Flavor Of The Week: No Need for Speed
If my fiancé hadn't left me for a woman he'd meditated with at a martial arts conference in London, that would have been the week of my honeymoon. Instead, I was staked out at a deli in Chelsea wearing heels and my best jeans, sipping a Diet Coke so I would have an excuse to leer at people walking into the bar where I was going speed dating at 8 p.m.
Across the street from my deli stakeout, a guy wearing a too-tucked-in rugby shirt walked toward the bar. I held my breath, hoping he was just passing by. He walked in. Ugh.
Once inside, I got a nametag and a table assignment. After getting a drink, I booked it to my table and glanced around at the men I’d paid $37 to meet. Most of them stood in clusters, talking to other guys. It was like a junior high school dance with booze.
Golda, our host, explained the details of how we would manage 20 dates in one night. First, the men would move from table to table, and then there would be a 15-minute break for mingling, and the women would move. After each three-minute nano date, she would ring a bell. We had forms to fill out our dates’ names, followed by a “Yes/No” check box.
“Please move on when the bell rings,” she said, her voice taking on that do-not turn-over-your-paper-until-I-tell-you teacher tone.
My first date was forgettable. My second date, Dmitry, told me seven times, “I just love people.” My fifth date was rugby-shirt-guy, who was from Wyoming.
“In Wyoming, you can leave your car unlocked for days and no one will touch it,” he said, his forehead sweating.
The music was loud, and I hated that as the guys passed through my station, I had that feeling I have when looking through sales racks with unappealing clothes: Maybe we had all been left behind for a reason.
Then there was an IT guy, a middle school teacher and a guy whose most notable quality was the gel shellacking his hair in place. Still, I wasn’t having a terrible time. My gin and tonic was helping.
Alex I. opened with “Where you coming from?” I didn’t understand the question. Did he mean where was I from originally or where did I live? I tried to clarify. But he just repeated, “Where you coming from?”
Chris H. was a lawyer, and Juan L. was a graphic designer with a sweet smile. Scott K. complained about the pricey drinks.
I ate lo mein with a woman named Kathleen during the break. She was a teacher who exuded a confidence I found attractive, though I imagined she might scare off some of the men. “Eat,” she told no one in particular as she sucked down a noodle. “The guys will still go out with you if you feed yourselves.”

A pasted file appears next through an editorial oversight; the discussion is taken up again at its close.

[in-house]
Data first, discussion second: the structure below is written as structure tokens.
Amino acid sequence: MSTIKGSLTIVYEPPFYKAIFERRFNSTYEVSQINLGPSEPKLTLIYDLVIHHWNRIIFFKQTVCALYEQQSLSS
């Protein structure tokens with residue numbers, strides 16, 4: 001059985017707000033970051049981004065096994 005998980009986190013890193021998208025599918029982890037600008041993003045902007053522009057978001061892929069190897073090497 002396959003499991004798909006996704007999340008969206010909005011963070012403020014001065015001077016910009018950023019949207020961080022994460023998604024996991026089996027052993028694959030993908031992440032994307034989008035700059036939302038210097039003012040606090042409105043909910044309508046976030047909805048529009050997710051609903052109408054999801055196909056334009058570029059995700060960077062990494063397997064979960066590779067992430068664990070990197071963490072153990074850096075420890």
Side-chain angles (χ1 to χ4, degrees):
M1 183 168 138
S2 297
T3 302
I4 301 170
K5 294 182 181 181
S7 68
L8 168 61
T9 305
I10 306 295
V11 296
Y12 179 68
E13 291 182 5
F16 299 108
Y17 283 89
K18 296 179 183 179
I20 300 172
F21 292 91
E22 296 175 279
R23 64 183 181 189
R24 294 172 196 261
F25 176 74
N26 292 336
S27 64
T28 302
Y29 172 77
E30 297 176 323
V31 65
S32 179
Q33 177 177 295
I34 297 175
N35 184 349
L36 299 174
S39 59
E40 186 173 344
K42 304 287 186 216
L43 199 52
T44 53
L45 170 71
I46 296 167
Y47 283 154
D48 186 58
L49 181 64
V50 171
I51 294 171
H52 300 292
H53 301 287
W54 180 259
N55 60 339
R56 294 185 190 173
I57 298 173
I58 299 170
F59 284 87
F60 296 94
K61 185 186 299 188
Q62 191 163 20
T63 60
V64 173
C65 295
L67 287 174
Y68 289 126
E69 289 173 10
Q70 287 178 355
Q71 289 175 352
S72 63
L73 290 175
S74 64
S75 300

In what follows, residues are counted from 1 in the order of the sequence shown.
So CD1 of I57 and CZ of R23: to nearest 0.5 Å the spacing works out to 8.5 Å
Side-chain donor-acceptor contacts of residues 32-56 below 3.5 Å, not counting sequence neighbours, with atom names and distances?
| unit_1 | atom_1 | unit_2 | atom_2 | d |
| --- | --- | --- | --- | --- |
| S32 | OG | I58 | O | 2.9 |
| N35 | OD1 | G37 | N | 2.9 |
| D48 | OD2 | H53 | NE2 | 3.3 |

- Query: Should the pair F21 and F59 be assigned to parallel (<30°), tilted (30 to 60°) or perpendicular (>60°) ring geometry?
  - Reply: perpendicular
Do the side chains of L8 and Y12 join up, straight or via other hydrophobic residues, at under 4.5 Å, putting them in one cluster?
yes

After the break, I met Jude, my favorite of the night. His mother had named him and his brothers after saints. “If you’re having a bad day,” he said, “you pray to St. Jude.” I made a stupid joke about the Beatles song and moved on to James, the scariest man of the evening, who launched into a three-minute monologue ending with: “I have a lot of old in me. I appreciate things like battlefields. I’m fairly physical.”
Ben S. showed me the elaborate notation system he was developing to remember the women he liked. Jens K. had a scary accent. Joel K. had bad jokes. Then it was over.
Later that evening, I logged on to the speed-dating site and saw the list of men and their last-name initials. If I checked a guy and he checked me, we would both get the other’s email. I clicked on Jude, who had hugged me good-bye after the dating was finished. I didn’t know it then, but St. Jude is the patron saint of lost causes, the one you pray to when all hope is lost.
I did feel like a lost cause, scrolling through names of men I’d just met when—had my life worked out differently—I might have been sunning myself on my honeymoon. My life had become a mess of pining away for the past and trying to speed date my way into my future.
I took a deep breath and looked away from my computer screen. I wasn’t ready to call upon any saints.
So I un-clicked.
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